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A 2011 study of the formerly incarcerated found that employment was the single most important factor in decreasing recidivism. 1Mark T. Berg and Beth M. Huebner, “Reentry and the Ties that Bind: An Examination of Social Ties, Employment, and Recidivism, Justice Quarterly (28), 2011: 382-410.
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Recidivism rates were nearly cut in half for former inmates who have full-time jobs compared with those who are unemployed. 2Jake Cronin, Institute of Public Policy, Truman School of Public Affairs, University of Missouri
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Statewide rates of recidivism range from about 31% to 71%, but the recidivism rates for formerly incarcerated people who found employment shortly after their release is less than 9%. 3Real Clear Politics
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Employing 100 previously incarcerated will increase their lifetime earnings by $55 million. 4“Economic Benefits of Employing Formerly Incarcerated Individuals in Philadelphia,” Philadelphia, PA: Economy League of Greater Philadelphia, 2011.
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Employing 100 previously incarcerated people will increase their income tax contributions by $1.9 million and boost sales tax revenues by $770,000. 5“Economic Benefits of Employing Formerly Incarcerated Individuals in Philadelphia,” Philadelphia, PA: Economy League of Greater Philadelphia, 2011.
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Employing 100 previously incarcerated people will save millions of dollars annually by keeping them out of the criminal justice system. 6“Economic Benefits of Employing Formerly Incarcerated Individuals in Philadelphia,” Philadelphia, PA: Economy League of Greater Philadelphia, 2011.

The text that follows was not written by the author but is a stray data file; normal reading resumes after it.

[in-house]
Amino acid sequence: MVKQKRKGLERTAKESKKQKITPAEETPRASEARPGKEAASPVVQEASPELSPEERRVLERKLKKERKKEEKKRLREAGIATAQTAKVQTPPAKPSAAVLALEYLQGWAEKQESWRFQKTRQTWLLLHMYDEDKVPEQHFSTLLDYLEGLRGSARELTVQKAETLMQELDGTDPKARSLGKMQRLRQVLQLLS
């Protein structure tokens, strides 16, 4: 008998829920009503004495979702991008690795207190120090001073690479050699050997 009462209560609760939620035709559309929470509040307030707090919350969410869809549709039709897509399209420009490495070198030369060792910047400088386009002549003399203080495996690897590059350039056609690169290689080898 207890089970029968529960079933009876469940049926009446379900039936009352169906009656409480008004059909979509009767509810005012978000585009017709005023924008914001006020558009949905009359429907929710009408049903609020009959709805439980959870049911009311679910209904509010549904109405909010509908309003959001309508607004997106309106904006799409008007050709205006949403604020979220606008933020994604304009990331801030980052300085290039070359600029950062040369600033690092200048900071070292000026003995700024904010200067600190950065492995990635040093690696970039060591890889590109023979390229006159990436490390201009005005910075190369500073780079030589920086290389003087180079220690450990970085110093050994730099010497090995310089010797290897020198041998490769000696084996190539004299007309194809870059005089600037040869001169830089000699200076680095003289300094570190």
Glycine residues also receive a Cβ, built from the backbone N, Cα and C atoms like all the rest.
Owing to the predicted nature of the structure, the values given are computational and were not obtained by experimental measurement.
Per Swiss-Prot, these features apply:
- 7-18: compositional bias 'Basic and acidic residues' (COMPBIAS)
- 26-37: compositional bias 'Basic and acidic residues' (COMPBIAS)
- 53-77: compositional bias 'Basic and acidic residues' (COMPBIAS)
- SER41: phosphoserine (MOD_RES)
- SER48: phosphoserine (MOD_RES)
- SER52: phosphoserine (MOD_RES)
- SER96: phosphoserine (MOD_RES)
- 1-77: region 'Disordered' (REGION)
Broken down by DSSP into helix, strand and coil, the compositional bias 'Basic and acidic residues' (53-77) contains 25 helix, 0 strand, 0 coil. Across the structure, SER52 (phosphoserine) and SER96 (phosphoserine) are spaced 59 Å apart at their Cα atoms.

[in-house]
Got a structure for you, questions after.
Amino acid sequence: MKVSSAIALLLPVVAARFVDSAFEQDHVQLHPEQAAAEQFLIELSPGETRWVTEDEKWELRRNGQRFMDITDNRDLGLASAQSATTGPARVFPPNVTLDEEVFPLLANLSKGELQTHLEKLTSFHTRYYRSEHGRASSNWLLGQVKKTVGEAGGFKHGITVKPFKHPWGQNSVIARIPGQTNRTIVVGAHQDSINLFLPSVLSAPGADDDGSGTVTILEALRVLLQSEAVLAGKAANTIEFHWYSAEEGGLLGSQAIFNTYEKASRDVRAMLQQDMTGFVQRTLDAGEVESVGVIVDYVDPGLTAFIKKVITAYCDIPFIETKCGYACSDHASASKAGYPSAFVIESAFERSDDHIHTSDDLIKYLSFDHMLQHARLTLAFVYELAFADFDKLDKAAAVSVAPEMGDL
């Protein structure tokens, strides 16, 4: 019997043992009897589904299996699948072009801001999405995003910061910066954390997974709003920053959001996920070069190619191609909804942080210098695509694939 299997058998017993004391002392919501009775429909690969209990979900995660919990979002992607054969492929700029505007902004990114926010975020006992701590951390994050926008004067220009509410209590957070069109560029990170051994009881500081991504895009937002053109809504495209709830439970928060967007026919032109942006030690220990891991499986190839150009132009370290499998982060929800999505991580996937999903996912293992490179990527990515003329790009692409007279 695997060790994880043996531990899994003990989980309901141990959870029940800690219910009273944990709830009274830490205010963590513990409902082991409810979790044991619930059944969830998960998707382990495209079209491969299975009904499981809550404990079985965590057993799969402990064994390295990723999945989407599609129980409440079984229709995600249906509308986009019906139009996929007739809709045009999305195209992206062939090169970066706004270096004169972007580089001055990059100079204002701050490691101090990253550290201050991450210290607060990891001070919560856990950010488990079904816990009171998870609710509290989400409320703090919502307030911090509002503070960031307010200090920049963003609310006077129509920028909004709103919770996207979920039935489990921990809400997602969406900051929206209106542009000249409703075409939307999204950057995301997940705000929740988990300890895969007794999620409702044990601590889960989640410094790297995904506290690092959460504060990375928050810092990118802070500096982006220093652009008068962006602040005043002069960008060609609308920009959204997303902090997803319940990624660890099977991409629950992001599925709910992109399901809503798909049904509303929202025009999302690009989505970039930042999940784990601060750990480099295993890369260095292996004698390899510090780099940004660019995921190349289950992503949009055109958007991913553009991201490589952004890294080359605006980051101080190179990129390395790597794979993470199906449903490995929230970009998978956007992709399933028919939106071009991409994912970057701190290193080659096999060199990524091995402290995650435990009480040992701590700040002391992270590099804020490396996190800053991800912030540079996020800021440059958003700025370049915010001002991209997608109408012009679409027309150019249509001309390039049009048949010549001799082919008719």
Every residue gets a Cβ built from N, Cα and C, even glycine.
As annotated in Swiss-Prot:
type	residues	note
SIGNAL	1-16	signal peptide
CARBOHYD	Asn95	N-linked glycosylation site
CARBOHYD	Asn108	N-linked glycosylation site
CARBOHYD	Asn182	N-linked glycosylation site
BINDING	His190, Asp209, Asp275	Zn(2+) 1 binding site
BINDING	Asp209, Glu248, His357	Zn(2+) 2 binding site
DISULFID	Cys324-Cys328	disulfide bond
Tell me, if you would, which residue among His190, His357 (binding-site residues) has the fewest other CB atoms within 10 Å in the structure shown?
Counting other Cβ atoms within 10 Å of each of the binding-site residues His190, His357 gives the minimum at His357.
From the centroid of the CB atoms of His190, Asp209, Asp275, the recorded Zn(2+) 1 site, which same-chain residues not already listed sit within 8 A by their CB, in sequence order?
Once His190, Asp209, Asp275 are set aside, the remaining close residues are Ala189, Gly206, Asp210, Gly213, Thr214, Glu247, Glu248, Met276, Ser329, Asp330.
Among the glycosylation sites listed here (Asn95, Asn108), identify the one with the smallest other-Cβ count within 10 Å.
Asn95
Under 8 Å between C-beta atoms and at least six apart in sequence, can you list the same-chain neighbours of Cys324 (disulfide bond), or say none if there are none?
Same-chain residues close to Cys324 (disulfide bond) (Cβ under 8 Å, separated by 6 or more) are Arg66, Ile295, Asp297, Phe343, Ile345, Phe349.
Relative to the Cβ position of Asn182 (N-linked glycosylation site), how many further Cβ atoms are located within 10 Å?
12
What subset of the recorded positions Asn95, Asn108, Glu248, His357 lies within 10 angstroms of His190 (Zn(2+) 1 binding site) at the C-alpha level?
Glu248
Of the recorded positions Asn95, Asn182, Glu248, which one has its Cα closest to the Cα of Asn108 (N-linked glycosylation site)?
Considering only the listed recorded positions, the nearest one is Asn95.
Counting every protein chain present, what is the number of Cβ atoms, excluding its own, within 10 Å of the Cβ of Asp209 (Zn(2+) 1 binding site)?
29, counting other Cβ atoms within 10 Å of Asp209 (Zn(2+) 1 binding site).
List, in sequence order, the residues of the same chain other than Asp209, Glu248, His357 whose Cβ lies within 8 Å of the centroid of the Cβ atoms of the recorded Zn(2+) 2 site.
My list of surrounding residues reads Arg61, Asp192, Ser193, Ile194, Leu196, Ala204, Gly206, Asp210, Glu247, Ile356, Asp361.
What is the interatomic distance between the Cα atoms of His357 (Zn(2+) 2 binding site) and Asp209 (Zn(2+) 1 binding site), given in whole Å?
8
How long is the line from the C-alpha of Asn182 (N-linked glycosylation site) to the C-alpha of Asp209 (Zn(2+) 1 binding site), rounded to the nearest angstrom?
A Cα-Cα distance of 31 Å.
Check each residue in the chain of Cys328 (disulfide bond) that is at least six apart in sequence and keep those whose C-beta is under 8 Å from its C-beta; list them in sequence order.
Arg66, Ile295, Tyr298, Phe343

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A study of “help wanted” advertisements in Virginia found that just 8.23% of employers were open to hiring an applicant with a record. 7Simone Ispa-Landa & Charles E. Loeffler, “Indefinite Punishment and the Criminal Record: Stigma Reports Among Expungement-seekers in Illinois,”54 Criminology 387(2016)
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Formerly incarcerated persons who maintained employment for one year post-release had only a 16% recidivism rate over three years as compared to a 52% recidivism rate for those who did not maintain employment. 8“Safer Foundation Three-Year Recidivism Study, 2008,” Chicago, IL: 2008.
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Hiring managers report that applicants can compensate for criminal records with their personalities and in-person contact with hiring authorities. 9Sarah Lageson, Mike Vuolo, and Chris Uggen, “Legal Ambiguity in Managerial Assessments of Criminal Records,” Law & Social Inquiry,2014.
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85% - 89% of ex-offenders who are re-arrested are unemployed. 10National Institute of Corrections

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